As new Alzheimer’s drugs continue to fail, researchers are shifting their focus

As yet another Alzheimer’s drug targeting plaque buildup in the brain fails to improve cognition in patients, leading researchers said a significant shift is underway in the search for effective treatments for the disease.

The new direction in Alzheimer’s research – away from focusing solely on beta-amyloid plaques to other potential causes, including brain inflammation and conditions related to diabetes – comes from growing evidence that multiple factors contribute to the development of the disease.

“There doesn’t seem to be a single superstar mechanism that is the magic solution,” said Dr. Vijay Ramanan, a neurologist at the Mayo Clinic in Rochester, Minnesota.

Amyloid plaques, clumps of protein in the brain long considered a hallmark of Alzheimer’s, are still seen as a key player in how the disease progresses, but the shift away from amyloid as the sole cause is a focal point at this week’s 2022 Alzheimer’s Association International Conference in San Diego, where top researchers releases the latest findings in the field, including potential new treatments for the disease, which affects more than 6 million Americans.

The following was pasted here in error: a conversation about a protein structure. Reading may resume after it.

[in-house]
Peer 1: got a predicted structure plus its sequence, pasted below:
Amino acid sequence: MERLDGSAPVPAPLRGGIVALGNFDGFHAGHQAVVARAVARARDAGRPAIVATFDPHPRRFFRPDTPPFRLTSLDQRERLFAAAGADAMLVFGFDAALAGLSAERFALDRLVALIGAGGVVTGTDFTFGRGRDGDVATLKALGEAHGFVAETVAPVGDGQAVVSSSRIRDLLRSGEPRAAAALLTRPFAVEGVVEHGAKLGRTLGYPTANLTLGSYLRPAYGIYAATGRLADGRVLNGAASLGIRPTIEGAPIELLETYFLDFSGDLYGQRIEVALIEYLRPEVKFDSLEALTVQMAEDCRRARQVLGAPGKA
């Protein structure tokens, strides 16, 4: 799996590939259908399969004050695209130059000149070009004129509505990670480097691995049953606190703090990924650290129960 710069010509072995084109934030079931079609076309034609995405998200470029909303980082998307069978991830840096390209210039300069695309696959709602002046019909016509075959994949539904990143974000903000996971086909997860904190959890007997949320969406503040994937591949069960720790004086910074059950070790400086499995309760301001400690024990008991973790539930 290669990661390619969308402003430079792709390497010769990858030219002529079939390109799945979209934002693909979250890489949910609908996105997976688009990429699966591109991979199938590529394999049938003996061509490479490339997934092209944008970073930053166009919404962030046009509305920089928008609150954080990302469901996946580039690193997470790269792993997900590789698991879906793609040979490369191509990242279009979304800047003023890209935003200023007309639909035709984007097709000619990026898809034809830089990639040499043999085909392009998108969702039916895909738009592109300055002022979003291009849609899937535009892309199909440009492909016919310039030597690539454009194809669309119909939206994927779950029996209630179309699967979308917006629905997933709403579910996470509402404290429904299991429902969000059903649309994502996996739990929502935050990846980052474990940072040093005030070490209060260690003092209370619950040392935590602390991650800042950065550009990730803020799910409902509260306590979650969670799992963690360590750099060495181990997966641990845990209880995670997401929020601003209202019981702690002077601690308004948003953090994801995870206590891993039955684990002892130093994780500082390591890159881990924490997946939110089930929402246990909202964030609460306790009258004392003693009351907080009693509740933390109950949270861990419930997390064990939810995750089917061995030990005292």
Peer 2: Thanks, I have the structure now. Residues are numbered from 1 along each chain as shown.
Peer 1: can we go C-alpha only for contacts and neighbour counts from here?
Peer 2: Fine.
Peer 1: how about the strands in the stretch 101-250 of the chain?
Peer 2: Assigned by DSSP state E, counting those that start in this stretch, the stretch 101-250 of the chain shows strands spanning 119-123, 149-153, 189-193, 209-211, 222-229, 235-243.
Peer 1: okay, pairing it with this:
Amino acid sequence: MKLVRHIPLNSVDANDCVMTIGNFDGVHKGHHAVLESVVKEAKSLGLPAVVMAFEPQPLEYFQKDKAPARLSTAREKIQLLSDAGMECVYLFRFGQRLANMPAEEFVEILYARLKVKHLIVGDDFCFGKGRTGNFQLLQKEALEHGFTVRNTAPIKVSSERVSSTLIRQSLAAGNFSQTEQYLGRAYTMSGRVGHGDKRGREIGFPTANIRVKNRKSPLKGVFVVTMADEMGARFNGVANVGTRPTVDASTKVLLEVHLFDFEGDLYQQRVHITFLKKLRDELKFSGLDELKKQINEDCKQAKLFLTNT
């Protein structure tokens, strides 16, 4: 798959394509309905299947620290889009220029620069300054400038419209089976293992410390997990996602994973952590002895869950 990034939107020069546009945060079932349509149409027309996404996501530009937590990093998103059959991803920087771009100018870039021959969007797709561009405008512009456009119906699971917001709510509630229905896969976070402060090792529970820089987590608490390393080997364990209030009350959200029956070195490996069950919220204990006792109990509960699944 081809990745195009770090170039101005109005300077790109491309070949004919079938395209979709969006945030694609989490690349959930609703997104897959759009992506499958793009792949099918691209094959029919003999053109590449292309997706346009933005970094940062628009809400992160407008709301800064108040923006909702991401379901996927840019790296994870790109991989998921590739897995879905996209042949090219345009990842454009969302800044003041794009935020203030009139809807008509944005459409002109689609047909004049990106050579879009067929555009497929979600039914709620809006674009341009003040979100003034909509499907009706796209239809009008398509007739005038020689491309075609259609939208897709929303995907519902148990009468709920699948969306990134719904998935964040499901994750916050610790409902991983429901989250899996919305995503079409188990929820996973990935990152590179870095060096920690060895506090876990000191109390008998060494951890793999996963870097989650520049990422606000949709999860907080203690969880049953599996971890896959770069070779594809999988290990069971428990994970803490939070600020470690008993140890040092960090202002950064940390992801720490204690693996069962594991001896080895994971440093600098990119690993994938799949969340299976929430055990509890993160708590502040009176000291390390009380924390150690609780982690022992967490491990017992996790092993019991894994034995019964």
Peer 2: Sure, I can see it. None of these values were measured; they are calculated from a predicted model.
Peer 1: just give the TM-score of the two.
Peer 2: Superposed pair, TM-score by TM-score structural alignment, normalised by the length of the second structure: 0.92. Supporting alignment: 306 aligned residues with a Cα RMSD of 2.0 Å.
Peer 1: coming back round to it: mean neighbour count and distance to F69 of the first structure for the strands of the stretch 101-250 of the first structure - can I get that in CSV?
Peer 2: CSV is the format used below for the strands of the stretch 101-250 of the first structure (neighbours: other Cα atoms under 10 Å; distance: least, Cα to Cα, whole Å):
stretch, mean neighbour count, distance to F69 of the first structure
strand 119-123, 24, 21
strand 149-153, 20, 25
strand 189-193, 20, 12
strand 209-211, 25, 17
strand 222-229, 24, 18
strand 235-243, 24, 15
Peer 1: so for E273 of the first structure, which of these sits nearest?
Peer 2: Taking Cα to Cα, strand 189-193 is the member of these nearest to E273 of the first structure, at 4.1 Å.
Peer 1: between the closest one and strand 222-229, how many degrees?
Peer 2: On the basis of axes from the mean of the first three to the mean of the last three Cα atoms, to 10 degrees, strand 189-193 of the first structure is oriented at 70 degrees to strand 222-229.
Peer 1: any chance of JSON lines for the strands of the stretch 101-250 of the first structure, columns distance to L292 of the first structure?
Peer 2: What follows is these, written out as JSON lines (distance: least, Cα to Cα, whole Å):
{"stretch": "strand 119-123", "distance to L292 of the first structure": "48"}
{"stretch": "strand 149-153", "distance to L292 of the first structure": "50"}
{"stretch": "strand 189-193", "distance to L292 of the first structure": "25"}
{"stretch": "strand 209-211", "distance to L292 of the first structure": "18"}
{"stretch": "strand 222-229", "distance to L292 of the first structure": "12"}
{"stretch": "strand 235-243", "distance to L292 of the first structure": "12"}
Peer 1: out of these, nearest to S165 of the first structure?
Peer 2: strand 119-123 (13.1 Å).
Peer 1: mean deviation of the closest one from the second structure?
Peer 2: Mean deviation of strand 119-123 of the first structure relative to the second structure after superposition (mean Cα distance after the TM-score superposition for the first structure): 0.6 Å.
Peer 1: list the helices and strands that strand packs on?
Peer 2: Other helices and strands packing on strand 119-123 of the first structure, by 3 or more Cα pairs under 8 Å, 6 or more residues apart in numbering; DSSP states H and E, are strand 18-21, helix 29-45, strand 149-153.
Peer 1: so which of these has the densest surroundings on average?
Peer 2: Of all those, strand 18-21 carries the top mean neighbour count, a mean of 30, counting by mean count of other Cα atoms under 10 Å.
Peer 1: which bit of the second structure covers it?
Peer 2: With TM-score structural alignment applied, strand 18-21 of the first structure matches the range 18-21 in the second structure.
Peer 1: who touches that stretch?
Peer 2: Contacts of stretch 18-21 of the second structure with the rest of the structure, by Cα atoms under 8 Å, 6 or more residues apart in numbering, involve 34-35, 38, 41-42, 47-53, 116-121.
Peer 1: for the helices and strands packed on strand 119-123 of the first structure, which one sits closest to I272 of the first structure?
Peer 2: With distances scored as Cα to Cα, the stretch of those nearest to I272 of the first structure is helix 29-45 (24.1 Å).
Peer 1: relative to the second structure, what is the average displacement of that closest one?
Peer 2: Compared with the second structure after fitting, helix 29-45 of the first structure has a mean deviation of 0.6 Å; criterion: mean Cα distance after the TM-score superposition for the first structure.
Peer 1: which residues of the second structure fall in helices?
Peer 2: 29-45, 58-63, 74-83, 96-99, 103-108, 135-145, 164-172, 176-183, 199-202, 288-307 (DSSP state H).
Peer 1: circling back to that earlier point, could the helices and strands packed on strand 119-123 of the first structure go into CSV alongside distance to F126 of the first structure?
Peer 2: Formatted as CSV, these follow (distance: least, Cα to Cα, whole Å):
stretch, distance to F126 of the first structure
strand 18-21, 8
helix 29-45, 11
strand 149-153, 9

By 2050, that number is projected to rise to nearly 13 million, according to an estimate by the Alzheimer’s Association.

On Tuesday, researchers at North Carolina-based T3D Therapeutics shared new Phase 2 study data for an experimental non-amyloid drug, called T3D-959, which aims to overcome the insulin resistance often seen in Alzheimer’s patients.

Alzheimer’s disease is often referred to as “Type 3 diabetes,” a brain-specific form of diabetes that results from the brain’s neurons lacking glucose, said John Didsbury, CEO of T3D Therapeutics. The reduced glucose in the brain may play a role in reduced memory and reasoning skills, he said.

T3D-959, he said, appears to overcome this “brain starvation.”

Trial results presented at the conference showed that the drug – which targets two different nuclear receptors in the brain responsible for energy production – appears to be safe and well tolerated.

Didsbury said the company doesn’t expect to start a Phase 3 trial — which will determine how well the treatment works — for another year and a half, and the drug is nowhere near being marketed to patients.